Cecil B. Demented

USA/France 2000

Film still for Cecil B. Demented

Reviewed by Peter Matthews


Our synopses give away the plot in full, including surprise twists.

Hollywood star Honey Whitlock (Melanie Griffith) agrees to attend the premiere of her new film Some Kind of Happiness in Baltimore, Maryland, the movie's location. The gala's venue, the Senate Theatre, is infiltrated by the Sprocket Holes, a cadre of cinematic terrorists led by guerrilla film-maker Cecil B. Demented, otherwise known as Sinclair Stevens (Stephen Dorff), the Senate's manager. The Sprockets kidnap Honey and tell her of their plan to force her to star in a subversive epic called Raving Beauty. Initially scornful, she is soon converted and joins the gang in a series of assaults on mainstream cinema locales: first, they disrupt a showing of Patch Adams: the Director's Cut while Cecil films the mayhem; then they invade an outdoor reception held by the Maryland Film Commission. Make-up artist Rodney (Jack Noseworthy) is killed when police fire on the Sprockets. Pursued by a mob of conservative filmgoers, the outlaws take refuge in a cinema screening a karate marathon and rouse the action fans to protect them.

Back at the hide-out, Cecil tells of his plan to stage a coup d'état at the location where the sequel to Forrest Gump, Gump Again, is being filmed. This time, Honey's co-star Lyle (Adrian Grenier) is gunned down by a technician and angry Teamsters chase the terrorists into a cinema showing the works of ex-porn star Cherish (Alicia Witt). Again, the Sprockets are defended, this time by exploitation fans. Cecil's final location is a drive-in cinema playing a Honey Whitlock triple bill. When the police arrive, more Sprockets are killed, Cecil immolates himself and Honey is escorted into a police van, while adoring fans look on.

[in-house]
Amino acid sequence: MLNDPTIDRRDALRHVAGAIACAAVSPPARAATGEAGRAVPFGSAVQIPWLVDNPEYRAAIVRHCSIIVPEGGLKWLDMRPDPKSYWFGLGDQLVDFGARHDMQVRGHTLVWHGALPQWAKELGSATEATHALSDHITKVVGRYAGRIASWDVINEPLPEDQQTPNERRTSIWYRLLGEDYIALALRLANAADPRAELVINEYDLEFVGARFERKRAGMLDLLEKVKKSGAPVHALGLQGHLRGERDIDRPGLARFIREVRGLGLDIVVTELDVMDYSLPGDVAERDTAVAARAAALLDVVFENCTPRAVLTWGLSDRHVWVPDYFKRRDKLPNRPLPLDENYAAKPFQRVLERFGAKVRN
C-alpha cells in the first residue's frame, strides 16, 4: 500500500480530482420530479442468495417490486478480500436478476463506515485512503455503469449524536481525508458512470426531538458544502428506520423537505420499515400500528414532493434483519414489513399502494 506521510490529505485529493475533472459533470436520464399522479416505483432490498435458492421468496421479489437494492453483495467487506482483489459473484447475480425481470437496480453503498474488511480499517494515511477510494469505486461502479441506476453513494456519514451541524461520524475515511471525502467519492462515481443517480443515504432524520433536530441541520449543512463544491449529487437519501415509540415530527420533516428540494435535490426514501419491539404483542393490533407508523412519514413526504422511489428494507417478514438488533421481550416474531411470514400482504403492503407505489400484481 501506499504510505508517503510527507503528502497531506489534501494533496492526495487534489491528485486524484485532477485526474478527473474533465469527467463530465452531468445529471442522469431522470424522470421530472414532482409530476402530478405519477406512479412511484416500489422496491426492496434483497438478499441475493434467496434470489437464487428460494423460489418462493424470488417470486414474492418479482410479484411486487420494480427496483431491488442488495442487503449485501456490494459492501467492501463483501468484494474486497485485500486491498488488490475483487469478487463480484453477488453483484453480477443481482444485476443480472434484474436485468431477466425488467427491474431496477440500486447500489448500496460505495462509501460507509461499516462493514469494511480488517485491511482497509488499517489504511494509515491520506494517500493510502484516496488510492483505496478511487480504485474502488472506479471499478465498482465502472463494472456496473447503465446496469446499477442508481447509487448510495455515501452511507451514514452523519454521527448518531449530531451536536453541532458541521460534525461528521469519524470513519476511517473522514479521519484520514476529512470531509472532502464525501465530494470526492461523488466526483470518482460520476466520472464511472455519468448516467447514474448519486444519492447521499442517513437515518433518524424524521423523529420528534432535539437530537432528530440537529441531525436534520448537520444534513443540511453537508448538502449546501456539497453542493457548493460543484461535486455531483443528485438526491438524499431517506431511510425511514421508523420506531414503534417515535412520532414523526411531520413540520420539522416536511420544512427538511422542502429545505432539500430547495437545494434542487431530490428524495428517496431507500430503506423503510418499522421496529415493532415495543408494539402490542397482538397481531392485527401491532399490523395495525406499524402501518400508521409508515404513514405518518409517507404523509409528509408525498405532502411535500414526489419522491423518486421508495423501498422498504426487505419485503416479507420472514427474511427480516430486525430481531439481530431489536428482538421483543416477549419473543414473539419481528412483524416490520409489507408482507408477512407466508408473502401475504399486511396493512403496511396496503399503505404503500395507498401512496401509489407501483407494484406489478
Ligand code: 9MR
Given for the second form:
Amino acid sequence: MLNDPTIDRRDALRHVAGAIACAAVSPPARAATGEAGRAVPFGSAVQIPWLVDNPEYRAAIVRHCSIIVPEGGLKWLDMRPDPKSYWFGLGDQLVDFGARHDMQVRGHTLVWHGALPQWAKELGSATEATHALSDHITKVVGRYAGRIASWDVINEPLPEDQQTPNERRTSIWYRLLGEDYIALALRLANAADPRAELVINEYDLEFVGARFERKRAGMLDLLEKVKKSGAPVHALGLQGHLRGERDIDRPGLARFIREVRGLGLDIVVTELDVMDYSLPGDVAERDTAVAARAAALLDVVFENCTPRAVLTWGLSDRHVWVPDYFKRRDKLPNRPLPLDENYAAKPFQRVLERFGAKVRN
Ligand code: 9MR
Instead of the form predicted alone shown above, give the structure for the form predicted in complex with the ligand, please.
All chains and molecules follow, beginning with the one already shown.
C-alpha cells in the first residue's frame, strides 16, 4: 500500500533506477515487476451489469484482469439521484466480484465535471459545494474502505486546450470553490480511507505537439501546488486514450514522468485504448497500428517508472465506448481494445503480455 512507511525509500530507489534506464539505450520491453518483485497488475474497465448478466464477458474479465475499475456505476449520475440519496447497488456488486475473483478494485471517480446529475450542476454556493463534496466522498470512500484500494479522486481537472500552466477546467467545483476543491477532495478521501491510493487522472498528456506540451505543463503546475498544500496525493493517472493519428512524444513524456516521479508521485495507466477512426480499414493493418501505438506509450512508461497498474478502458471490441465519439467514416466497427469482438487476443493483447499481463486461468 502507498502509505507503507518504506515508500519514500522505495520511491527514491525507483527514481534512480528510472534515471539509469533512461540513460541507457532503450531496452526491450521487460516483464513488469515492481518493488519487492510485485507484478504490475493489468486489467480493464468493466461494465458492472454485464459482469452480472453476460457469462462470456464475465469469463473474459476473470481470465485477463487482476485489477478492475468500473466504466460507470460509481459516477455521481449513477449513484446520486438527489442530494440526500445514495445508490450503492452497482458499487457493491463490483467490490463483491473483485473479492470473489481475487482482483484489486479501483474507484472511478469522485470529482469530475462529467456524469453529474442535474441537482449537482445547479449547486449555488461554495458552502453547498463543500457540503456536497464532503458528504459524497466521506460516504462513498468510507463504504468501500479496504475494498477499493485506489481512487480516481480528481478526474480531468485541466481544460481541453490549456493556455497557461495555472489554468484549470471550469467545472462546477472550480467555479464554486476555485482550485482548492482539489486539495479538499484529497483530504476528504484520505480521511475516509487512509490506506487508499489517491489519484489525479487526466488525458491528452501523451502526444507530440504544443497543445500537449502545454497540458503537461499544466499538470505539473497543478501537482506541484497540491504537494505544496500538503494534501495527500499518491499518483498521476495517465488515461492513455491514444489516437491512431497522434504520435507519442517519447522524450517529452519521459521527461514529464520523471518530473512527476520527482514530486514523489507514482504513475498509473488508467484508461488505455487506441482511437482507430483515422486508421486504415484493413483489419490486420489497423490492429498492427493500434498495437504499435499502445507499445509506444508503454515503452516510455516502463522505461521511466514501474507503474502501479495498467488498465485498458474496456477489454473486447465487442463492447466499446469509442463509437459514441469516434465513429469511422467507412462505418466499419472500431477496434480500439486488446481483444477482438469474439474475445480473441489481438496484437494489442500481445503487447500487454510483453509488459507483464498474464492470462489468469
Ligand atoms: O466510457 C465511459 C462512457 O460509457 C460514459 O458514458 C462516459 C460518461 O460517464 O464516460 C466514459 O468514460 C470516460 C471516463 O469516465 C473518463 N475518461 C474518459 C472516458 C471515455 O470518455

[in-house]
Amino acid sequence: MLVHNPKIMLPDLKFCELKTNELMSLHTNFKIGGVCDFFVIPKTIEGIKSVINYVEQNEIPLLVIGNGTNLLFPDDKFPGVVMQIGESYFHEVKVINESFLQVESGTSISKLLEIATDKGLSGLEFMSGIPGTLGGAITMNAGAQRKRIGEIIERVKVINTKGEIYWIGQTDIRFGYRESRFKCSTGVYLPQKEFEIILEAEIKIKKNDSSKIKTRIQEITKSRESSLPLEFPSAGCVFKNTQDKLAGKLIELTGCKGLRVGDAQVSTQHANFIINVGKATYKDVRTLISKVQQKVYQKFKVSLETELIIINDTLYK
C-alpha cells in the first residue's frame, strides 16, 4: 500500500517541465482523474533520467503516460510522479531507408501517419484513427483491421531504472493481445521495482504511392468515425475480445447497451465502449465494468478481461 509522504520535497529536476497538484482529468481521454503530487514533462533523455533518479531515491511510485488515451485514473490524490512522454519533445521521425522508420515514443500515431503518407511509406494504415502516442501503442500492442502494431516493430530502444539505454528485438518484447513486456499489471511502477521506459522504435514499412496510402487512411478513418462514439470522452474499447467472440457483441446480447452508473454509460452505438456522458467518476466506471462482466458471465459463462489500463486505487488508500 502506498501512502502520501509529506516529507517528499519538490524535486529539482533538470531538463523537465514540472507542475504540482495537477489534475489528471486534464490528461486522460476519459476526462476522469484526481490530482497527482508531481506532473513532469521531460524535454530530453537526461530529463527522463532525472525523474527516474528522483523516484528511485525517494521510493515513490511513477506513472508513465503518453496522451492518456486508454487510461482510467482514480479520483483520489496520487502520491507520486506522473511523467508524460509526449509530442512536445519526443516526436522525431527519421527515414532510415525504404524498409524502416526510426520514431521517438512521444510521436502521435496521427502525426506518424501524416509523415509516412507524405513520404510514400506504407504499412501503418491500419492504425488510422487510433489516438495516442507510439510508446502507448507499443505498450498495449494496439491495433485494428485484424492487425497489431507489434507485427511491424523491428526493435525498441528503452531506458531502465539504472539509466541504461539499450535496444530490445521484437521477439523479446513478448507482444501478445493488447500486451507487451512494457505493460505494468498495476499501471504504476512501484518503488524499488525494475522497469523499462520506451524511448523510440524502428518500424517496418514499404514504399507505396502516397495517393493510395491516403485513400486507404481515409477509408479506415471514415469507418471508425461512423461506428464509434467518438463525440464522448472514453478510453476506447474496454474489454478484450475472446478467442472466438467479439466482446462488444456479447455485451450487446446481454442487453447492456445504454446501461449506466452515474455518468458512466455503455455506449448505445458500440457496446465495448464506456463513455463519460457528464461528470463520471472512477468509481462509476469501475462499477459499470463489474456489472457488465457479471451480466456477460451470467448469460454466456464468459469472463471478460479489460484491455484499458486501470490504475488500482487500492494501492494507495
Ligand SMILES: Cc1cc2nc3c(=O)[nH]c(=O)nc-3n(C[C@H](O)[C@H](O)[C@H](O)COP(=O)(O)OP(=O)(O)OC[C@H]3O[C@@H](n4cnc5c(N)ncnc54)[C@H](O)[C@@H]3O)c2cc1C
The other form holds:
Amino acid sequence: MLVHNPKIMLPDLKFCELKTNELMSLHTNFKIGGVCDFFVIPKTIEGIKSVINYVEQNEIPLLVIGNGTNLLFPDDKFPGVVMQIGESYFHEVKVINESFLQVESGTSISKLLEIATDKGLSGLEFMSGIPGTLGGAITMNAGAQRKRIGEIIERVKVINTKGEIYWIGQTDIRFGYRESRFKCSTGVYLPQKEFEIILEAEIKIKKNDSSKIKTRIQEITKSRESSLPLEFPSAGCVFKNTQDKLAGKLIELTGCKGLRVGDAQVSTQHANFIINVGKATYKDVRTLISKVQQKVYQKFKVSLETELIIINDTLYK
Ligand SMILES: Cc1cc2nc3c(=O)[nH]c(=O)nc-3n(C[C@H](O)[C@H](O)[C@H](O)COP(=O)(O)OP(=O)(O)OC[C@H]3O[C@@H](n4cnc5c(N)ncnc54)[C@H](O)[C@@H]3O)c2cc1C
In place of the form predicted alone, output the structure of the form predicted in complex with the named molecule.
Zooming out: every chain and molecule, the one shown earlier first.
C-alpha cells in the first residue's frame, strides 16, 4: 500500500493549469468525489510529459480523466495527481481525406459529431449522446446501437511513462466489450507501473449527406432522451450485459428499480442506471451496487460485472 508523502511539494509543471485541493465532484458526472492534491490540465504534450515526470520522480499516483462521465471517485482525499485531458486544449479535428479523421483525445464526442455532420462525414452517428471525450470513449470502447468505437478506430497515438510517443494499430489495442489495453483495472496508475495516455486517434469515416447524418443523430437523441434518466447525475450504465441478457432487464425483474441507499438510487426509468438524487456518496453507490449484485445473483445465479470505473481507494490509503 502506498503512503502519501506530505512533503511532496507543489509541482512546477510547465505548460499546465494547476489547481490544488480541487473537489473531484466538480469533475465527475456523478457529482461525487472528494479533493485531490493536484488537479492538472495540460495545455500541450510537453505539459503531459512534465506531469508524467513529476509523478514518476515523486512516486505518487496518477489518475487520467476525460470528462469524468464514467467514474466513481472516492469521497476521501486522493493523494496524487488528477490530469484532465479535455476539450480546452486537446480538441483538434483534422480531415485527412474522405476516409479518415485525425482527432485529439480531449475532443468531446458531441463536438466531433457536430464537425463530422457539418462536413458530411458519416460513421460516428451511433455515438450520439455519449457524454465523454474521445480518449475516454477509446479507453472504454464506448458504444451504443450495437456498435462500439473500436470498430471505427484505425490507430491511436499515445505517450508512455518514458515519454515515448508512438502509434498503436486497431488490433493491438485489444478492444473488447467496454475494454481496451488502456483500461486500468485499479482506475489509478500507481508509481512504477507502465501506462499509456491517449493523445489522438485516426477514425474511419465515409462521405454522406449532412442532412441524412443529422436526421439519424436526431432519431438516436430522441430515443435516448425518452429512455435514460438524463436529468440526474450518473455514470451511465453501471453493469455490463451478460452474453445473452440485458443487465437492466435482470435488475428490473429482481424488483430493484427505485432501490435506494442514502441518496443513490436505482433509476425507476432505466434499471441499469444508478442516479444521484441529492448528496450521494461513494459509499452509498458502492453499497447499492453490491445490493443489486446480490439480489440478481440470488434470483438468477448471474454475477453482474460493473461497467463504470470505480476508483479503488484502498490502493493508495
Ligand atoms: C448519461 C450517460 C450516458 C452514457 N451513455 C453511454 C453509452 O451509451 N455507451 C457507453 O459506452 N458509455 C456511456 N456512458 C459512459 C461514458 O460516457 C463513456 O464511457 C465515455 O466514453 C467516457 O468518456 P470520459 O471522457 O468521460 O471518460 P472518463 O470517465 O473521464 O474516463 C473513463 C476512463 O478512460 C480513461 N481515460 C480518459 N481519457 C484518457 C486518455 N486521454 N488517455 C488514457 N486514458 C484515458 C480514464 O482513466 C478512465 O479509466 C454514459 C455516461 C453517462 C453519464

Of all the directors who have made names for themselves over the past 30 years, John Waters is possibly the most critic-proof. It would be a stretch to call the perpetrator of such midnight-movie classics as Female Trouble (1974) and Polyester (1981) an artist, but he's undoubtedly some kind of auteur. Even with the modest commercial budgets vouchsafed to him nowadays, Waters has stayed true to his own brand of flaky amateurism: the flat, ugly staging, the frowzy cinematography and the cheesily outré set design one finds in his films supply an authorial signature as patent as Orson Welles' use of deep focus. There's a conscious ironic sensibility in Waters' movies that lifts them out of the barrel-scraping Ed Wood class. His amiable grotesques find a paradoxical grace in their abjection (as in the competition to be the "filthiest person alive" in Pink Flamingos, 1972). Indeed, one could argue an interesting case for Waters' mystical Catholic leanings if that weren't too pompous a way of addressing a film-maker whose charm lies in his utter lack of pretension. Attacking a Waters movie on aesthetic grounds seems as redundant an activity as lamenting the culinary deficiencies of tinned spaghetti. His films are so blissfully aware of their own tackiness that they're just about impossible to resist.